Lab+Life Scientist Oct 2014

Page 54

nasal devices

Johnson said the company has

device can be removed and drug delivery

gone through an extensive design phase

stopped once enough has been taken

before finalising version 1.0 of the sleep

up - unlike tablets, injections or the

technology.

application of a cream where the dose is given whether it is needed or not.

Early qualitative evidence showed that the device alleviates nasal congestion

“We are currently running a bio-

and appears to have an impact on snoring

equivalency trial,” said Johnson. “In this

intensity - a hypothesis that is currently

way we can benchmark the ability of our

being tested in a user and partner trial.

technology to deliver the drug against delivery via a nasal spray. We need to

Treating sleep apnoea

determine efficacy within a relevant time

The company is also setting up a clinical

frame and show equivalency to current

trial program to look at how the technology

modes of drug delivery.”

can be adapted to help patients suffering

The pathway to commercialisation

from mild to moderate sleep apnoea. The treatment of choice for people with sleep apnoea is continuous positive

Johnson said the program has

airway pressure (CPAP). This involves

commenced with stability trials

using a CPAP machine at night to

and a bio-equivalency trial will be

maintain continuous pressure to the

conducted through local pharmaceutical

airway during sleep to prevent airway

manufacturing company IDT’s CMAX

collapse and consequent blockage of

subsidiary at the Royal Adelaide Hospital.

the airway.

Rhinomed anticipates reporting results in early to mid 2015.

The Rhinomed device inserts into

“We have specifically chosen

the nose, opening the nasal passages and

sumaptriptan because it’s now a generic,”

regulating inhalation and exhalation. “The aim is to impede exhalation,”

said Johnson. “In addition, safety

explained Johnson. “A CPAP device

and efficacy within the nose has been

uses mild air pressure to maintain inflow and outflow of air. We want to maintain air pressure in the upper airways when

“The nose as a site to deliver drugs is very effective.”

established, the pathway is clear and our trial more easily managed and contained. “Commercially, our focus has

people are exhaling - EPAP [expiratory

switched to creating differentiation

positive airway pressure]. There are

within a competitive marketplace through novel delivery methods. If we

some existing EPAP therapies which are gaining traction due to their less-invasive nature. We

Drug delivery through the nose

can show that our delivery method works, and that

believe there is a meaningful role for our technology

Another area Rhinomed is pursuing with its nasal

it solves clear unmet patient and clinician needs, we

in this setting.”

device technology is the delivery of drugs for migraines

believe we have a very attractive proposition to the current players in this market.”

The clinical trial program on patients with

and allergies. The first cab off the rank as a proof-of-

sleep apnoea will commence in early 2015 to assess

concept or pilot study involves the migraine medicine

how the technology could be used as a stand-alone

sumatriptan.

The potential applications and the range of drugs that could be delivered using this type of delivery method are significant, from acute rhinitis drugs through to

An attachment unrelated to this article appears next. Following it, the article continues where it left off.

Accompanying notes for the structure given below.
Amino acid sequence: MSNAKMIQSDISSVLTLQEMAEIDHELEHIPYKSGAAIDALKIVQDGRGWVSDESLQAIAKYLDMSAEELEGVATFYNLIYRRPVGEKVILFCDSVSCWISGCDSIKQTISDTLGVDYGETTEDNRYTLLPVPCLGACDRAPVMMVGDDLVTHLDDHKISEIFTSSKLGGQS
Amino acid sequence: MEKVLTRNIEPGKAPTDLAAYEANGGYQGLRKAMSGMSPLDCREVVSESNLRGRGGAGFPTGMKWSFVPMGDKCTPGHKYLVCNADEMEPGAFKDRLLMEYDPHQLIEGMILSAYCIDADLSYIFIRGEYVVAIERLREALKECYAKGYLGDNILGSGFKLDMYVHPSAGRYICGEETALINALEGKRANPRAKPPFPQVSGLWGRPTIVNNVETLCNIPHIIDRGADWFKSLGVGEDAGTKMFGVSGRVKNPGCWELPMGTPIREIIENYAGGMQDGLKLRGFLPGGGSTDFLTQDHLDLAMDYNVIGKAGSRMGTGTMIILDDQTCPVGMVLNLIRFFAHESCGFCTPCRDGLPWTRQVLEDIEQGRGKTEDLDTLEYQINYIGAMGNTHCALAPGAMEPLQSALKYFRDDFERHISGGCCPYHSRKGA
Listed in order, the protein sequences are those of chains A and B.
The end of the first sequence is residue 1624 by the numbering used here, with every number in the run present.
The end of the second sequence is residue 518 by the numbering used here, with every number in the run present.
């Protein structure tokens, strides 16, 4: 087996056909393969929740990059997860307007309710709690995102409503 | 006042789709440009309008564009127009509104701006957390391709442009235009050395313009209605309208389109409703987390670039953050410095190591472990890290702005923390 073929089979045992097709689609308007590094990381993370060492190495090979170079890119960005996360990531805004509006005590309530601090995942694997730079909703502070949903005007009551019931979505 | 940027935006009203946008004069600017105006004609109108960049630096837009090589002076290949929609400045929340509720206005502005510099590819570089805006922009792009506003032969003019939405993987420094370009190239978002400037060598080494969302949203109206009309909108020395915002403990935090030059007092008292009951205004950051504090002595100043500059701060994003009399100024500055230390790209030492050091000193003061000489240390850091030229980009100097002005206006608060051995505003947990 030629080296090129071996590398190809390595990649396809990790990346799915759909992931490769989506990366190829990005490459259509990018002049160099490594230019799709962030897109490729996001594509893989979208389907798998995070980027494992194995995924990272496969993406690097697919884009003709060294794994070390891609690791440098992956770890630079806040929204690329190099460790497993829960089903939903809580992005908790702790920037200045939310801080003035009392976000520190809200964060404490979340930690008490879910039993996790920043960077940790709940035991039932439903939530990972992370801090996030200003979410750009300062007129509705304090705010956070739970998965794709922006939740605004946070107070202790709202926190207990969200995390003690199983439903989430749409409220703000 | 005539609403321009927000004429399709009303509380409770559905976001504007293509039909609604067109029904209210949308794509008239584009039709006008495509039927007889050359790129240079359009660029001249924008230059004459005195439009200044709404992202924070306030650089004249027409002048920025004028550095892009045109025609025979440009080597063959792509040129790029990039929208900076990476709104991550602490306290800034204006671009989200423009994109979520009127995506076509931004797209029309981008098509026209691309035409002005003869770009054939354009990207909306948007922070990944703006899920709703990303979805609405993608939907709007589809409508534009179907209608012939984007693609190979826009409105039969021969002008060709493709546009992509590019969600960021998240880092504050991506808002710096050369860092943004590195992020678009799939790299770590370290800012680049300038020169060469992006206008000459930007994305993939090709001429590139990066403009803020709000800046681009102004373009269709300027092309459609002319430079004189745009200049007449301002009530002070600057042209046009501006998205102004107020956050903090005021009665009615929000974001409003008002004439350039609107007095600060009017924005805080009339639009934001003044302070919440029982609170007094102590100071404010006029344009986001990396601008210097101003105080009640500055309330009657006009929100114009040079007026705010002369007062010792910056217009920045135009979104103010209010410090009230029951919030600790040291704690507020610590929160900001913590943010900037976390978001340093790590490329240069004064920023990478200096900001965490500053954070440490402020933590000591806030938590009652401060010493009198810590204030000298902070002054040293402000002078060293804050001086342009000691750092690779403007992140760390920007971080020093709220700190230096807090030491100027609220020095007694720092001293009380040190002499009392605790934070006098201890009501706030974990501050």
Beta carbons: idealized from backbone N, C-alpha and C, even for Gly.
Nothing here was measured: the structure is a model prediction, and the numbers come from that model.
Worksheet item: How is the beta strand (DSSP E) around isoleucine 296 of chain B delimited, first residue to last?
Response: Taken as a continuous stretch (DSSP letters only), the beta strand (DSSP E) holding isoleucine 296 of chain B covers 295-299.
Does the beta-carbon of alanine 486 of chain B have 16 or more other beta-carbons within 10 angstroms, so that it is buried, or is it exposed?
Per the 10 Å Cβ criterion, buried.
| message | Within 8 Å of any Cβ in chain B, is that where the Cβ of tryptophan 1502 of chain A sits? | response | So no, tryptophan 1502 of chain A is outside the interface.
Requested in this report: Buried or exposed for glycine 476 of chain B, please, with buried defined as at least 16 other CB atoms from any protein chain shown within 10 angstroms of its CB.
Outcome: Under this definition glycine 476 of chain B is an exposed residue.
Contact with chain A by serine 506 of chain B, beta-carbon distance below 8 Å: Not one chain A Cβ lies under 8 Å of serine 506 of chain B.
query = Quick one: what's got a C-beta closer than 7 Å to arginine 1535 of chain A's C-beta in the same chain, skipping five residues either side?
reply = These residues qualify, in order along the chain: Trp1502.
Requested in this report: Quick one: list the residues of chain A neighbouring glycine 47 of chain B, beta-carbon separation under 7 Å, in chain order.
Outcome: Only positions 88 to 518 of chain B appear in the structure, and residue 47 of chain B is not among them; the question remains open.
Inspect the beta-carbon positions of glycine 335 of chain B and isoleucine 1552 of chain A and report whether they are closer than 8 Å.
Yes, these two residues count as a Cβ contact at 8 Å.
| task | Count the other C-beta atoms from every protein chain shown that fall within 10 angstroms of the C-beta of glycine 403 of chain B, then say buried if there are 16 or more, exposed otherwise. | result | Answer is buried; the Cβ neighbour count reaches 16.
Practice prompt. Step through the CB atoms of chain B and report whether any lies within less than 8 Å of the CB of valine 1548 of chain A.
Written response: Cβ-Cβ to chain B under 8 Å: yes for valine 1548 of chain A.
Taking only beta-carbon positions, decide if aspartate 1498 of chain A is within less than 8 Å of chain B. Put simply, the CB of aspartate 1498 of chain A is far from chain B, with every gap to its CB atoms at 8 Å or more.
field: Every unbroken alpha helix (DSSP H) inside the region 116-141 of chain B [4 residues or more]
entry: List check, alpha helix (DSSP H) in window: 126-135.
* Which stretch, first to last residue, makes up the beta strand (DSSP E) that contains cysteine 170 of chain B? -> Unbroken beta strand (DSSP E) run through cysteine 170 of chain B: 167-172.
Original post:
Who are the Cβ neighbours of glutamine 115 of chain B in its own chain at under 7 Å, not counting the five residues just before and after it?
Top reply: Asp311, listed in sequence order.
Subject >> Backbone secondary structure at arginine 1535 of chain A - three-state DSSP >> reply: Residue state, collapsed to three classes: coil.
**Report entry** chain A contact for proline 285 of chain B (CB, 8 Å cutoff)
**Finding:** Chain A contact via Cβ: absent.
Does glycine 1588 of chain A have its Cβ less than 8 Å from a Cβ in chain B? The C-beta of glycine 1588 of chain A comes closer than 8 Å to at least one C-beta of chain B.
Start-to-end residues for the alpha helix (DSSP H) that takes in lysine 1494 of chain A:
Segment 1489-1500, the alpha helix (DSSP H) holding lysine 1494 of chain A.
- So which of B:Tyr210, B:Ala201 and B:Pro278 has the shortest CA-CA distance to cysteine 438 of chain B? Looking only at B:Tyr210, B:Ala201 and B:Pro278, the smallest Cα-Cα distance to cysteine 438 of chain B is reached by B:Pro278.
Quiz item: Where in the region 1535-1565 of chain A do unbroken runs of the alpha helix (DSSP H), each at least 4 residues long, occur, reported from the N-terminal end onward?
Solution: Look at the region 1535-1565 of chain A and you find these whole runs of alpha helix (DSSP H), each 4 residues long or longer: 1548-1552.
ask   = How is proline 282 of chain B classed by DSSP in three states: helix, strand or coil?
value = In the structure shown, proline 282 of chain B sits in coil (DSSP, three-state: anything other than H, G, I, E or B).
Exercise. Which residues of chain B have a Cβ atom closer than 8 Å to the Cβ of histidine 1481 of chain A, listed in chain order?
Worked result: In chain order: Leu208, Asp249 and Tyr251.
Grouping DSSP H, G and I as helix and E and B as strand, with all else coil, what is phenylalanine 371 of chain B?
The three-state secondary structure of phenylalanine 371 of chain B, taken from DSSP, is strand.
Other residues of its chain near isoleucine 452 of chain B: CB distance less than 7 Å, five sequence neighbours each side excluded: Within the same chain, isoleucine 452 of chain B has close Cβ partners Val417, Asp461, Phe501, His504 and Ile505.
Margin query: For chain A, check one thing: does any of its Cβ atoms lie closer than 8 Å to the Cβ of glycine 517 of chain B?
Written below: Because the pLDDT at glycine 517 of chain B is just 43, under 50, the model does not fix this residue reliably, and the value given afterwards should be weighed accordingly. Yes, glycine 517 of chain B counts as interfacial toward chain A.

therapy and as a companion therapy; for example, as

“I was acutely aware of the value of novel delivery

a conjunct therapy which could improve the efficacy

methods through my work with Melbourne-based

of a dental plate.

advisory firm Cogentum,” said Johnson. “When we

“In settings where getting a drug into someone

“Dental plates pull the jaw forward to avoid

looked at the challenges facing existing nasal sprays, of

quickly and where either oral or even injection delivery

collapse of the palate,” said Johnson, “so while they

particular interest was the observation that the sprays

is problematic, the nose is a great site,” said Johnson.

physically stop the jaw from collapsing the throat,

often fall out - either through the nostrils or down

Another market with potential for the device is

we believe our device can assist with airflow into the

the back of the throat. So we developed the concept

with people suffering from dysphagia. The number of

upper airways.

of delivering drugs and keeping them in situ through

people who have difficulty swallowing is growing - in

our nasal devices.”

large part due to the ageing population - so giving

“Most sleep apnoea patients report poor sleep quality. We are hopeful that our technology will not

The nose as a site to deliver drugs is very effective.

only be able to deliver some meaningful clinical end

It is safe, uptake is highly efficient and delivery into

points but also improve a patient’s all-important, but

the blood is relatively direct - unlike taking a pill that

often neglected, sleep quality. If we can deliver this, we

can be inefficiently absorbed through the gut wall.

will have a significant impact on the level of adherence and compliance within this market.”

54 | LAB+LIFE SCIENTIST - October 2014

Nasal drug delivery also enables the dose of a medicine to be adjusted relatively quickly. The

more complex applications like pain management.

drugs via the nose instead of in tablet form provides a good option for these people. Assuming positive outcomes from the trial program, the company plans to partner with a bigger company to take the drug-delivery program through to commercialisation.

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